Although Wiese’s book is terribly out-dated, it did something magical: it inspired me to spend a lifetime learning Chinese. We authors should all be so lucky to have written a book with that kind of power. 

And one more thought: did Wiese’s cover draw me in? I don’t know now. Something, though, got me to check the book out and take it home from my school library.

As for my You Can Write Hieroglyphs, here below are a few sample pages. I'm just betting there will be some kid out there that, like long-ago me, who will delight in the beauty of these hieroglyphs, copied after a scribe who lived centuries and centuries ago.

Sunday, April 17, 2016

A Long Time

It’s been a long time. I guess I was lazy or bored or both. Probably I just forgot how much time has really passed since my last posting. At least, I’d like to blame my absence on the fleeting passage of time.

But a few weeks ago, I dusted off a few manuscripts in my desk and decided to publish them myself—print-on-demand-wise. I guess I finally realized the power of ‘why not?’

There are so many obstacles in one's way, so many powerful excuses, so much procrastination in life; yet like some bully you finally tell off, the obstacles, the excuses, the mañanas vanish with two simple words: ‘why not?’ Why not publish those manuscripts? Why not tell people about them in this blog? Why not redo your website so that these new books have a prominent place? 

And so, here is an introduction to four new books from my Mānoa Press. You can find them on Amazon. Just paste the title in the search box. The books are $12.50 or less. [Click on images to enlarge.]

The first book I want to tell you about is Miss Margaret, Cat Magnet [$9.75]. The germ of this book began many, many years ago, when my wife bought a patchwork doll made by Sonja Hagemann of Hale‘iwa. The creator had stuck a cloth cat to the doll. I was fascinated and wondered what it would be like if a girl had the power to attract cats just as a magnet attracts iron. It took several years to come up with a story. When I did, I had to bring Margaret to life in a drawing, but I liked nothing I did—until I met Pamela Telford of Maui. Her flowing, red hair stopped me dead in my tracks, and I went home to find a red-haired Margaret smiling from my drawing board.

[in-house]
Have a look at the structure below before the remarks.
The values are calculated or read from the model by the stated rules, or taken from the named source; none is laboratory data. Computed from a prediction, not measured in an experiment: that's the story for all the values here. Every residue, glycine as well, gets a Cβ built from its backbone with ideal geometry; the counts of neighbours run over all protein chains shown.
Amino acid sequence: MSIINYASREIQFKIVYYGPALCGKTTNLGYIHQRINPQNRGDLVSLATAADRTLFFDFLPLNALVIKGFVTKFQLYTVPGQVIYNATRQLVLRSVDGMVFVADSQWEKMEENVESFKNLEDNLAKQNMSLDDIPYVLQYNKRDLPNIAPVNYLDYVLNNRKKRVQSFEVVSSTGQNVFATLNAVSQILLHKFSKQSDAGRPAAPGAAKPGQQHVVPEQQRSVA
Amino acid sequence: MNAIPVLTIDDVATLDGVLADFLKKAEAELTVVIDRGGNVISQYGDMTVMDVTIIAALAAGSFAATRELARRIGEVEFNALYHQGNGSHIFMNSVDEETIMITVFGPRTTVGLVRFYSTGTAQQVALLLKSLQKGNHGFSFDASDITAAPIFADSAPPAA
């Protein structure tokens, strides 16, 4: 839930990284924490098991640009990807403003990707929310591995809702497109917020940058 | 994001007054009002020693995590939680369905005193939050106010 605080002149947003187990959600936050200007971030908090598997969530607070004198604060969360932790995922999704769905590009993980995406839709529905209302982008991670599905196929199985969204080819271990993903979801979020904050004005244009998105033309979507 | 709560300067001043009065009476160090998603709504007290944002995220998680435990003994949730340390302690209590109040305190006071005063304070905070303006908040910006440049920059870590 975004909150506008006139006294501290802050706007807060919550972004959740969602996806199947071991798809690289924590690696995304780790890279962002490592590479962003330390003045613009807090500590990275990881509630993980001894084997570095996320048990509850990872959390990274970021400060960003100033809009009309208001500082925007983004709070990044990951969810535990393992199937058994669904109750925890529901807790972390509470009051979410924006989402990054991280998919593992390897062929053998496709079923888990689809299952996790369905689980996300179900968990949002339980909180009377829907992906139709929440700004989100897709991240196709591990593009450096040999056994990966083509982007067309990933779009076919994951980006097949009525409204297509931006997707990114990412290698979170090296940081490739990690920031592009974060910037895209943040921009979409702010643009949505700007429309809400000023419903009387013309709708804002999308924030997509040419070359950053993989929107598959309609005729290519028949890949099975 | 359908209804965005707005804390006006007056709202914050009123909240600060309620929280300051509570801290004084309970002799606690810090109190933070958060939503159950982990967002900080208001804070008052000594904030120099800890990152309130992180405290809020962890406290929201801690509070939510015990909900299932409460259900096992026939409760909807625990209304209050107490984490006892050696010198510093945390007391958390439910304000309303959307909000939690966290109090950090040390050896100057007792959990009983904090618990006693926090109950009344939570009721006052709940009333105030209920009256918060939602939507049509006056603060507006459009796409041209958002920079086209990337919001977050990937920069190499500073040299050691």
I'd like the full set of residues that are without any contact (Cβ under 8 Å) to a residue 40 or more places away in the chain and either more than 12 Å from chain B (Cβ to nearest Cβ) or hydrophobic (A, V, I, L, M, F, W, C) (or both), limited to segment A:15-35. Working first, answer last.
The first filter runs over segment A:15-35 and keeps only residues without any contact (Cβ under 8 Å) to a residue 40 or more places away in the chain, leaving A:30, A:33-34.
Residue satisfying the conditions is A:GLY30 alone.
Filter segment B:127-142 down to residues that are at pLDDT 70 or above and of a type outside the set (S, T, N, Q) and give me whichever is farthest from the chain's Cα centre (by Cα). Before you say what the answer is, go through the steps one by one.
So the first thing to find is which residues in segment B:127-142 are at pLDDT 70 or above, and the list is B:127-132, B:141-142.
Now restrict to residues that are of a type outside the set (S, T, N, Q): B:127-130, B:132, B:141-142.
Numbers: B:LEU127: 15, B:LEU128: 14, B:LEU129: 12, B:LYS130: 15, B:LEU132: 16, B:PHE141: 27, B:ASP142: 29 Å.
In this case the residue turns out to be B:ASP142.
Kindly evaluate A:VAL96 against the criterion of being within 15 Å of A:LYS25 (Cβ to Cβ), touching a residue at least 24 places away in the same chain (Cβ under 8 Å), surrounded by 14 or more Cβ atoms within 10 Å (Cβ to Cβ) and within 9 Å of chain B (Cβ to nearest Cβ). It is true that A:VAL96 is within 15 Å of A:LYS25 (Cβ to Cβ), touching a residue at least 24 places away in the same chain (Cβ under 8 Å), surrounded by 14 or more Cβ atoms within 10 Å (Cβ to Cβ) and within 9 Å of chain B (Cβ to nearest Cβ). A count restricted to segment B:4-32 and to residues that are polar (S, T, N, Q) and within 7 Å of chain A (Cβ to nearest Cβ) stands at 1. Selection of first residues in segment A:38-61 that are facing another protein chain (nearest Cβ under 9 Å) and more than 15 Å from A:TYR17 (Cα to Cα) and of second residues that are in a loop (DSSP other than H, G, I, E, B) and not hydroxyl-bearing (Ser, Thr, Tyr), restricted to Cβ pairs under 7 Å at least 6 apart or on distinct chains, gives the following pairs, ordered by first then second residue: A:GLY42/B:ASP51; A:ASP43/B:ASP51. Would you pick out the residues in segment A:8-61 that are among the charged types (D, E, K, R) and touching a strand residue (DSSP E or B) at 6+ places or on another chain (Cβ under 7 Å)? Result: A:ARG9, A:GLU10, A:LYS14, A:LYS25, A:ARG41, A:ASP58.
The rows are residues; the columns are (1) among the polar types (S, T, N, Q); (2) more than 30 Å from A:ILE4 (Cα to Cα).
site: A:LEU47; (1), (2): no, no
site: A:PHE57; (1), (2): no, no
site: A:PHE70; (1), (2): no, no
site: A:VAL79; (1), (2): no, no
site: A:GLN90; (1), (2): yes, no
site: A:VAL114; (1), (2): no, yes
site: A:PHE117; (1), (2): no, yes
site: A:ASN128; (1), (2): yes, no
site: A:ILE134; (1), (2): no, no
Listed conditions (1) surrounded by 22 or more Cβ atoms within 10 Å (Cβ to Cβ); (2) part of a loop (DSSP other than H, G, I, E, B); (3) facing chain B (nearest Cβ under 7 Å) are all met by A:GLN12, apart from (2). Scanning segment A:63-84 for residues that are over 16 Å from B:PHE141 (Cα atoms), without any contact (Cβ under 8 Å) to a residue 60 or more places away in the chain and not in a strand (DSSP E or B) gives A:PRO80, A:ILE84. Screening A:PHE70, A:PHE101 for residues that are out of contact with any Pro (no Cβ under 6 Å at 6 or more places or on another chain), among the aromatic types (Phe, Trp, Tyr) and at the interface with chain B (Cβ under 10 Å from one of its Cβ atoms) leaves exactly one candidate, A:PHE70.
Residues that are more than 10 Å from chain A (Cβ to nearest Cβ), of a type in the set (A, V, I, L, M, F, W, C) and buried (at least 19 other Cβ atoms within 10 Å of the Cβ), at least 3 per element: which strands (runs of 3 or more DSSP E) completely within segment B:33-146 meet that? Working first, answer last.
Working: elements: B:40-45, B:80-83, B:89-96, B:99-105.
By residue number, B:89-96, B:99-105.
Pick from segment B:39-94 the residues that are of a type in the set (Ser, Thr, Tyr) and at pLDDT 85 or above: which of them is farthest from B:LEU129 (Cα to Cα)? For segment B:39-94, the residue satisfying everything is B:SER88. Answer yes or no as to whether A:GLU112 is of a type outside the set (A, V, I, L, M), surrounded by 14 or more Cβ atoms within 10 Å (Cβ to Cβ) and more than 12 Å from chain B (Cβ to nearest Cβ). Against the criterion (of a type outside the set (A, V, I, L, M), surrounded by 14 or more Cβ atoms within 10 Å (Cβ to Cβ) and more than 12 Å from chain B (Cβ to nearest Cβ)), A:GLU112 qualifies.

Book two is very, very different from the whimsical nature of Miss Margaret. In Bright Star [$12.50], we meet an African king named Njoya [en-joy-ah], who lived a hundred years ago in the grasslands of the modern African nation of Cameroon. 

This book, too, began many years ago, as I was working on my book about Sequoyah, the Cherokee man who invented writing for his people. That book was published by Houghton Mifflin and was honored with many awards. As for Bright Star, I could find no publisher for it. Africa is too far away, too complicated for most publishers. It is hard for them to understand what happened there a hundred years ago. As for readers of such a story about an African king, where would they come from? I would like to think that such readers exist. After all, Njoya was unlike 99.9% of all the people who have ever lived. He was a Peter the Great, a George Washington of sorts, a man who understood his people and saw their potential. He stood up to colonialism in a way that made him more powerful than any rebellious leader, any guerrilla fighter or terrorist with a mass of weapons. He had but one weapon, his dignity and his belief in his people.

The third and the fourth books are a re-publication of my second children’s book about Polynesian navigation, The Island-below-the-Star, which came out in 1998. The remake is called: Island below the Star [$12.00], for which there is both an English and Hawaiian version. The new edition contains a star map as well as a series of maps so that the reader can follow the progress of the five brothers as they make their way up from the Marquesas Islands in the south to Hawai‘i. To find out more, see my website: 

In the coming months, I hope to dust off many more of my manuscripts and get them out there. After all, why not?

Sunday, October 26, 2014

United Nations Day II

After I had posted my poem a few days ago, I realized I should translate it. So, I put it into French, Hawaiian, and Persian. This last was the most difficult. Fortunately, I had the help of a Persian professor, Ladan Hamedani, at the University of Hawai‘i to smooth out my "wrinkly" Persian. 

Perhaps in the coming weeks, I will add more translations. Perhaps I will post the poem on Facebook and ask for translations. I wonder if I will get any volunteers, any responses. The blogosphere is so saturated these days. 

We'll see. Click to enlarge.